Living Will and Healthcare Power of Attorney: Don’t Wait!

Dr. Nina Radcliff Written by Dr. Nina Radcliff
SeniorLiving.Org Expert on Anesthesia | Pharmacology | Leadership

I prepared a living will and assigned my husband to be my healthcare representative prior to delivering my first child (approximately 2 years ago). Although a somewhat morbid matter, I wanted to make sure that if something happened to me where I could not make decisions for myself, that my husband and family clearly understood my wishes with regards to life prolonging treatments. I wanted to avoid any conflicts among my family, doctors, or nurses by making my treatment preferences known.

What is a living will?

A legal document that informs your health care providers and family about your wishes regarding medical treatments in the event that you are not able to speak for yourself or a physician has determined that you are unable to understand your diagnosis and therapeutic options.

It also allows you to include a description of your beliefs, values, and general care and treatment preferences in the event that your living will does not specifically cover a particular situation. A living will can also be referred to as an advance directive or health care directive.

What is a proxy directive?

Also known as a durable power of attorney for healthcare, it is a legal document that allows you to appoint a person (healthcare representative) to make healthcare decisions for you based upon your wishes in the event that you are not able to speak for yourself. In the event that they are unsure of what you want in a specific situation, they would base their decision on what they believe is in your best interest.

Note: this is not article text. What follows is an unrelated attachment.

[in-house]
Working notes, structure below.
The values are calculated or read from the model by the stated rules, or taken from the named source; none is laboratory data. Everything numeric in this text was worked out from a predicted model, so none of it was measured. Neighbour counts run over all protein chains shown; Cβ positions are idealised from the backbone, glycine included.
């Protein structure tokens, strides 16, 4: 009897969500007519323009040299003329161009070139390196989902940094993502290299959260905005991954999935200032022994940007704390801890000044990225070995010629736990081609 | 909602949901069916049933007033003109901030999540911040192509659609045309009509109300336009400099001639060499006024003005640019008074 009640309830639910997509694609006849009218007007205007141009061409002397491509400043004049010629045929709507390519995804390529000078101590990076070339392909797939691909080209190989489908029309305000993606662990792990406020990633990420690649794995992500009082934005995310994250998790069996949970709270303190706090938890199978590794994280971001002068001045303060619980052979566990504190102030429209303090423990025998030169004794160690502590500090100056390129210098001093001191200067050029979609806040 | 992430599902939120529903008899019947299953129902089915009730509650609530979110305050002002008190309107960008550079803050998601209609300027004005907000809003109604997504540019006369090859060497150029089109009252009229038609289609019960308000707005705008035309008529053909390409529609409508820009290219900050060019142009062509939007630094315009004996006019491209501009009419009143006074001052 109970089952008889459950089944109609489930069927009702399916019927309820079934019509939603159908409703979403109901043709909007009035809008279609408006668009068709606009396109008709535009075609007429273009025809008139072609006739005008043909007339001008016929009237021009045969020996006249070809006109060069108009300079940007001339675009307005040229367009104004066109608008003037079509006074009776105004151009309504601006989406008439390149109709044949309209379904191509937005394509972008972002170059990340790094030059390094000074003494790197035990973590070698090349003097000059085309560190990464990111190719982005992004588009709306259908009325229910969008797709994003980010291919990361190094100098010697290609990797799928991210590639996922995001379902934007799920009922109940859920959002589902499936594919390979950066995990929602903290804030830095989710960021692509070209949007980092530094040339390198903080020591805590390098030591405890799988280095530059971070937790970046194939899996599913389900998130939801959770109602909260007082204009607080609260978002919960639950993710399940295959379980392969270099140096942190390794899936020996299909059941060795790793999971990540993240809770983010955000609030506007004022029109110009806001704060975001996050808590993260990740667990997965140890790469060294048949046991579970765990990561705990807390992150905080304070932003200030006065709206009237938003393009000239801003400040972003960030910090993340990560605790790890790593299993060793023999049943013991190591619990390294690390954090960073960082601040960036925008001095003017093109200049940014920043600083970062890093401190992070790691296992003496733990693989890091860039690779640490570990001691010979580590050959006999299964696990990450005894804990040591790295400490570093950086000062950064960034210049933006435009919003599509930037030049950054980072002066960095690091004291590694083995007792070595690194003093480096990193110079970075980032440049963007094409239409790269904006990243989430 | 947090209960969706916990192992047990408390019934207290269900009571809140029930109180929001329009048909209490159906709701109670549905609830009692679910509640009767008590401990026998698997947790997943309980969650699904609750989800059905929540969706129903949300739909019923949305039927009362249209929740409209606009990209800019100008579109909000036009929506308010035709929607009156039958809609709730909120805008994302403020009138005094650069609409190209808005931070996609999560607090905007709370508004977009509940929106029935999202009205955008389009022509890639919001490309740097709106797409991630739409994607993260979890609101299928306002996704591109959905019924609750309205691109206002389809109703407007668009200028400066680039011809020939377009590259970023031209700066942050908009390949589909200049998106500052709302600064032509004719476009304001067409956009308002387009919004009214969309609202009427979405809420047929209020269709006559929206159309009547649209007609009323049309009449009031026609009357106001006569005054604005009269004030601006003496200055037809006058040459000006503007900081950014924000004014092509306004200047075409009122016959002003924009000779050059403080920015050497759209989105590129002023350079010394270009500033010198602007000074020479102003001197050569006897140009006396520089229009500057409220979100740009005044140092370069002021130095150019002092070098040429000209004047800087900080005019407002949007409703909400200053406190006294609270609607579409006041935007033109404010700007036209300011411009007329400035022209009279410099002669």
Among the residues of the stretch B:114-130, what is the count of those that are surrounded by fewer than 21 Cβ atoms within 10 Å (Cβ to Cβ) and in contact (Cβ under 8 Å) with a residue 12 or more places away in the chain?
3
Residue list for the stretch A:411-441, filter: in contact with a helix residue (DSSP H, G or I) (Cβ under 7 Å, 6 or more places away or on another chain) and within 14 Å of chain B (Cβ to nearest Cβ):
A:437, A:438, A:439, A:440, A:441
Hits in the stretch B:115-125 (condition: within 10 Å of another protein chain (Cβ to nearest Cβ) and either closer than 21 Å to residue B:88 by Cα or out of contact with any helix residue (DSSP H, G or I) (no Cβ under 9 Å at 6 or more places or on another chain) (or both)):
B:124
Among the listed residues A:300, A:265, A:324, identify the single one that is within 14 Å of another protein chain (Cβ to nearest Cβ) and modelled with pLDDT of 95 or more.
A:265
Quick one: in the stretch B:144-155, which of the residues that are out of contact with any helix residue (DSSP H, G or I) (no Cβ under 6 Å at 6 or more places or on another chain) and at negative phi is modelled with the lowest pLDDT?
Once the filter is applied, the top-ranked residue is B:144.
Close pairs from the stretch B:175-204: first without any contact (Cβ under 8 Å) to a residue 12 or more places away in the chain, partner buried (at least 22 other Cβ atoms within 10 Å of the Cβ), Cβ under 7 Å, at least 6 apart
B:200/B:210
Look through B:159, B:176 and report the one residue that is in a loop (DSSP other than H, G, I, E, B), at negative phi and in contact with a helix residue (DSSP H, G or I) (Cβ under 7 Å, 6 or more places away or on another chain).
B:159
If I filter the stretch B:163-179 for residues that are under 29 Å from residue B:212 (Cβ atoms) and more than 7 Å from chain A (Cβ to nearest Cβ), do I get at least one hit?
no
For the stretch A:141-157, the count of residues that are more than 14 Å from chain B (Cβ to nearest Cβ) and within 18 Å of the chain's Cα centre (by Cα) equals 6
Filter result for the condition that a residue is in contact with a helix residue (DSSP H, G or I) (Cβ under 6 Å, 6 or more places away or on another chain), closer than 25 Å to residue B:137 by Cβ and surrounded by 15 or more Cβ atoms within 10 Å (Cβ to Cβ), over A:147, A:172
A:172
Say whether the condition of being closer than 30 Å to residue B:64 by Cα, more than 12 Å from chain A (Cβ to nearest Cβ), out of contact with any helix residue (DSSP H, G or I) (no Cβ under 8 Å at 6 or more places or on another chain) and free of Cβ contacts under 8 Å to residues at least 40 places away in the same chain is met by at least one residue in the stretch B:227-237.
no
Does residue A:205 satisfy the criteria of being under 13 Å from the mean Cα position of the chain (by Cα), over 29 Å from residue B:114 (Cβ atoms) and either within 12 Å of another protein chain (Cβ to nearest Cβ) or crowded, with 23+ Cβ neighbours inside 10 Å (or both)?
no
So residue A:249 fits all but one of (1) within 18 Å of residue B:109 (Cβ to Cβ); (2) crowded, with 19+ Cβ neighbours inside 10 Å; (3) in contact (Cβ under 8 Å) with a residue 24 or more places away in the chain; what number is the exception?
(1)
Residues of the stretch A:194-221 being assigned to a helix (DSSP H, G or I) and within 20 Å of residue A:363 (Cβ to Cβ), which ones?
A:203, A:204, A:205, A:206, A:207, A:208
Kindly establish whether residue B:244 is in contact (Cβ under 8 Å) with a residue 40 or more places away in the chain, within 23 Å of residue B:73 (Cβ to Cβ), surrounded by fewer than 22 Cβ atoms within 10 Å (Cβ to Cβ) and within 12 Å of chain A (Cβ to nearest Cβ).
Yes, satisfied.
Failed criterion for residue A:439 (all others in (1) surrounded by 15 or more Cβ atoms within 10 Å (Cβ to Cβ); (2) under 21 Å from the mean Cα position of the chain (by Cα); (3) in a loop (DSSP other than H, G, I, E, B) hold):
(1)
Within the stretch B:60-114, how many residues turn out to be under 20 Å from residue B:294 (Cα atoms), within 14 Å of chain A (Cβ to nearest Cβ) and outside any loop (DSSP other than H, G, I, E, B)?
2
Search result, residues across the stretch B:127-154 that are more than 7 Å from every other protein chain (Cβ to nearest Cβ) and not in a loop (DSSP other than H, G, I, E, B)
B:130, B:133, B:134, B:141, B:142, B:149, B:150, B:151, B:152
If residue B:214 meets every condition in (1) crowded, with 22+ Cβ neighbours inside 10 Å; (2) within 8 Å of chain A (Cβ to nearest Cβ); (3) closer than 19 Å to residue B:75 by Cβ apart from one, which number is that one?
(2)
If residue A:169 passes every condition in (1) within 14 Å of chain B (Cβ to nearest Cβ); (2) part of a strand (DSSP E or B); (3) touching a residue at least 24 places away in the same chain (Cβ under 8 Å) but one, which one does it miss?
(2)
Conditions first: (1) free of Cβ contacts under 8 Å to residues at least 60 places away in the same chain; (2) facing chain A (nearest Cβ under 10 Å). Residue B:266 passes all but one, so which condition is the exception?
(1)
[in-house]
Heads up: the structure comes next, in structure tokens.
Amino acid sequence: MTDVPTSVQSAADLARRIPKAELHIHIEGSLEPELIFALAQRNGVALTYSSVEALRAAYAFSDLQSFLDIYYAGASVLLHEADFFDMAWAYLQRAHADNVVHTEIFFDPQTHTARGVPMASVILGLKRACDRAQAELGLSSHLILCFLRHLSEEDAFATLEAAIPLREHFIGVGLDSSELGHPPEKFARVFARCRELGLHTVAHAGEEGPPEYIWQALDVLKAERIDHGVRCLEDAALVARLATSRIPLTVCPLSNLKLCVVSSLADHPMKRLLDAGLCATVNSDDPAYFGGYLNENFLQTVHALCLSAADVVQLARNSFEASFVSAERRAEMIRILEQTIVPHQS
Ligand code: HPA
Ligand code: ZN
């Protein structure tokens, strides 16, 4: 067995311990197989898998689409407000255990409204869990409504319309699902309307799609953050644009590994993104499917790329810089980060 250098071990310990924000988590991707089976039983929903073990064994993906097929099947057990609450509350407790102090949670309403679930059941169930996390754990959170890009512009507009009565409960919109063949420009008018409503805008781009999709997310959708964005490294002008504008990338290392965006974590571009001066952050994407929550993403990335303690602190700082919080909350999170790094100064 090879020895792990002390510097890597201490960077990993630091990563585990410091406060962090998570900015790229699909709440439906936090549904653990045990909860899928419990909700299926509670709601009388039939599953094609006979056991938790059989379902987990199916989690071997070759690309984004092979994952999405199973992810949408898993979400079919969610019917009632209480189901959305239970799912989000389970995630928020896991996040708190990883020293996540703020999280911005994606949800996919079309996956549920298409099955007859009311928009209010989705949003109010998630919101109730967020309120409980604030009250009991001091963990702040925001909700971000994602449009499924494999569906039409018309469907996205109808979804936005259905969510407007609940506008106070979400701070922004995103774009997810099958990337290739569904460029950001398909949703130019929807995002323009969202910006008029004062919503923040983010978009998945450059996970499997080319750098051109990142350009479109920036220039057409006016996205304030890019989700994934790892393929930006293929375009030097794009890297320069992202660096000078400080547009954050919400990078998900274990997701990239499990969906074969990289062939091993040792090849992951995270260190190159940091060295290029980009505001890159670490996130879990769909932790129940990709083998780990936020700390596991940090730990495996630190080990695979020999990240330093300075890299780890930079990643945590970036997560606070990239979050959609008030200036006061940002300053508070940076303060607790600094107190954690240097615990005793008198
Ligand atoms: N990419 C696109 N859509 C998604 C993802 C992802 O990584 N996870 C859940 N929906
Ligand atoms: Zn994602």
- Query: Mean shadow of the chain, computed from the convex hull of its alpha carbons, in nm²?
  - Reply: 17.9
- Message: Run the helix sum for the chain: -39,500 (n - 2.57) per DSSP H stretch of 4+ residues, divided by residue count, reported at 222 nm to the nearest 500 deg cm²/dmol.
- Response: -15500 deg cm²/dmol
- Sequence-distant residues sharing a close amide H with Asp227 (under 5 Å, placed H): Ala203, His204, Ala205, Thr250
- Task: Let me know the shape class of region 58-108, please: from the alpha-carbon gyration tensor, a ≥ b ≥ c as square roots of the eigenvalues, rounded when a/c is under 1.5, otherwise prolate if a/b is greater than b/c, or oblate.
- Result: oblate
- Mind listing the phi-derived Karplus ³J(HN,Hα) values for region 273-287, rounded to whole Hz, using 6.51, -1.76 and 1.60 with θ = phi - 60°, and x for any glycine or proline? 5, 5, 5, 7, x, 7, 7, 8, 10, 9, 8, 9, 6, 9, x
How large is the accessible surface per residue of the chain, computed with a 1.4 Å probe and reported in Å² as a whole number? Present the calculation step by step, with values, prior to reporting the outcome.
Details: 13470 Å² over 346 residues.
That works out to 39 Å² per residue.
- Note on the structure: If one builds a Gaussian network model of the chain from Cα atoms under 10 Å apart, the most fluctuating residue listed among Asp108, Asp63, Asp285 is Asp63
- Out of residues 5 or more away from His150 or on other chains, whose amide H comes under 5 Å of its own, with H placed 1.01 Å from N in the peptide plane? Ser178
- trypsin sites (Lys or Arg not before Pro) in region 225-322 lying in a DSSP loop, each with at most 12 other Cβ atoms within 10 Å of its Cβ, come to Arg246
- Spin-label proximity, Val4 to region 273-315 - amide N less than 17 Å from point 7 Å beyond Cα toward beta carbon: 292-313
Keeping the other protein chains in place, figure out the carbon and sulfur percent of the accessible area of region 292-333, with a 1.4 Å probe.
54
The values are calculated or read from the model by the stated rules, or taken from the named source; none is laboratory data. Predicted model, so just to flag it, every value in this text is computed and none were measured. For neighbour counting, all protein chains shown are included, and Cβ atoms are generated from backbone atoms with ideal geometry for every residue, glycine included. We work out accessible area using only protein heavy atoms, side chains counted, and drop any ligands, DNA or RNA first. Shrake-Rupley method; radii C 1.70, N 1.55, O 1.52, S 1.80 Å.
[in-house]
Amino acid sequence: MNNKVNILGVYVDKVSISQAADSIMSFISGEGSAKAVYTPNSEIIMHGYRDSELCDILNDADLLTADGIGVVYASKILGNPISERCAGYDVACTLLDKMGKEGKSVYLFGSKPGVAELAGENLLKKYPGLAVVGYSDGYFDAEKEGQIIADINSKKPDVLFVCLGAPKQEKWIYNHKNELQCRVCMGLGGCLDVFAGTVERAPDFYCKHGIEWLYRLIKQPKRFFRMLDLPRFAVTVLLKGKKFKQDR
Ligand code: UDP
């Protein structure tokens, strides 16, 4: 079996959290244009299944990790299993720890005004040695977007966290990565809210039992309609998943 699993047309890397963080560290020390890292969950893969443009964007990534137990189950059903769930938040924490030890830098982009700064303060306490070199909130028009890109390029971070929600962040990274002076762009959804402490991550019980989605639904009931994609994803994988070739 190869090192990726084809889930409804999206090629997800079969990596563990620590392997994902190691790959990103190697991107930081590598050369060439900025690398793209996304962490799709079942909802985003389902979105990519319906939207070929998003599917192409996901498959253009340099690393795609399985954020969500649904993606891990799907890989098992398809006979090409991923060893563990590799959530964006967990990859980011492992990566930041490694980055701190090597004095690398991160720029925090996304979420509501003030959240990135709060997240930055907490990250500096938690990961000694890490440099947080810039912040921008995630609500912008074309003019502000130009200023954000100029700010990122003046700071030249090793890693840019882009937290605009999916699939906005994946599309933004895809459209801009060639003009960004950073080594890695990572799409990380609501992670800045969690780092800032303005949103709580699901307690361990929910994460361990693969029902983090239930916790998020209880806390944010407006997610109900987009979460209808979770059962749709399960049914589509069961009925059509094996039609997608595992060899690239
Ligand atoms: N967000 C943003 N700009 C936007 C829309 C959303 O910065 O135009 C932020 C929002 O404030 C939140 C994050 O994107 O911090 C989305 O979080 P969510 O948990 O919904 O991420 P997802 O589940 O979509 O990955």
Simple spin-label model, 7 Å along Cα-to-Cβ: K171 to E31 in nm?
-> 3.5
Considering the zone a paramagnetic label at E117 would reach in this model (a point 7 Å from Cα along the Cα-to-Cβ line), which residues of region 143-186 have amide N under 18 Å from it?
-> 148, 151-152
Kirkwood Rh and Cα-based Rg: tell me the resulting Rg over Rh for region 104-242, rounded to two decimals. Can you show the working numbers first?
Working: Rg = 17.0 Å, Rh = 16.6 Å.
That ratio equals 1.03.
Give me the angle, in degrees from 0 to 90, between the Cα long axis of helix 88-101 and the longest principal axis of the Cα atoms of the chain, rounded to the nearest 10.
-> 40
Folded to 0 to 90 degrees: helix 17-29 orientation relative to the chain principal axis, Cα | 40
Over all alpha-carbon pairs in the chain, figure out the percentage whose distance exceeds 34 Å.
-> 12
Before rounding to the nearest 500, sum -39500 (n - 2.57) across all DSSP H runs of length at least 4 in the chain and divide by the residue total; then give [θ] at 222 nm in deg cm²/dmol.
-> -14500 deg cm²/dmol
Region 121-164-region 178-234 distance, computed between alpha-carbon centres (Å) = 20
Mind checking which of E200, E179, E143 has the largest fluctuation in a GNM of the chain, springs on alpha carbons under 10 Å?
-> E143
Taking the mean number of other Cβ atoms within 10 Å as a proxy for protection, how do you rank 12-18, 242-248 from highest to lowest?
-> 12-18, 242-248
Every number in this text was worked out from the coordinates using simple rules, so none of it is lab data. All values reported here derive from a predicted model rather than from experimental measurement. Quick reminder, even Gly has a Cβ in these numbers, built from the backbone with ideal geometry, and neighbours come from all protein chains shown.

What is the difference between a living will and a proxy directive?

A living will expresses an individual's wishes regarding medical treatment. These wishes are to be followed if the individual is unable to provide instructions at the time medical decisions need to be made. The health care proxy gives the authority to another person (the healthcare representative) to make medical decisions in the event that the patient cannot do so. It is often beneficial to utilize both a living will and a health care proxy because you may be in a specific situation where the treating physician cannot interpret your living will.

Is it expensive to complete these forms?

An attorney can assist with preparing the documents, and it is often included when estate planning documents are drawn up.

However, it is a little known fact that you can attain the forms from the State of New Jersey Department of Health and complete them for FREE. The form can either be notarized OR be signed and dated by you in front of two witnesses who must also sign and date the form. Neither of the witnesses can be the healthcare representative. (http://www.nj.gov/health/advancedirective/forms_faqs.shtml).


Who should have a copy of these documents?

Copies should be provided to your healthcare representative, family members and physicians. Anytime you are admitted to a hospital you will also have the opportunity to provide a copy.

How should I choose my healthcare representative?

The representative must be an adult. They can be a spouse, adult child, family member, friend, religious advisor, or domestic partner. A physician can be appointed as a healthcare representative as long as they are not actively treating you (to avoid any conflict of interest). Consider choosing someone who can understand your values and preferences and therefore make decisions that you would want them to make. You also need to talk with the representative and clearly express your wishes. Do not place them in a situation where they will feel guilty for making a decision that they are unsure of.


Updated: Jun 19, 2013

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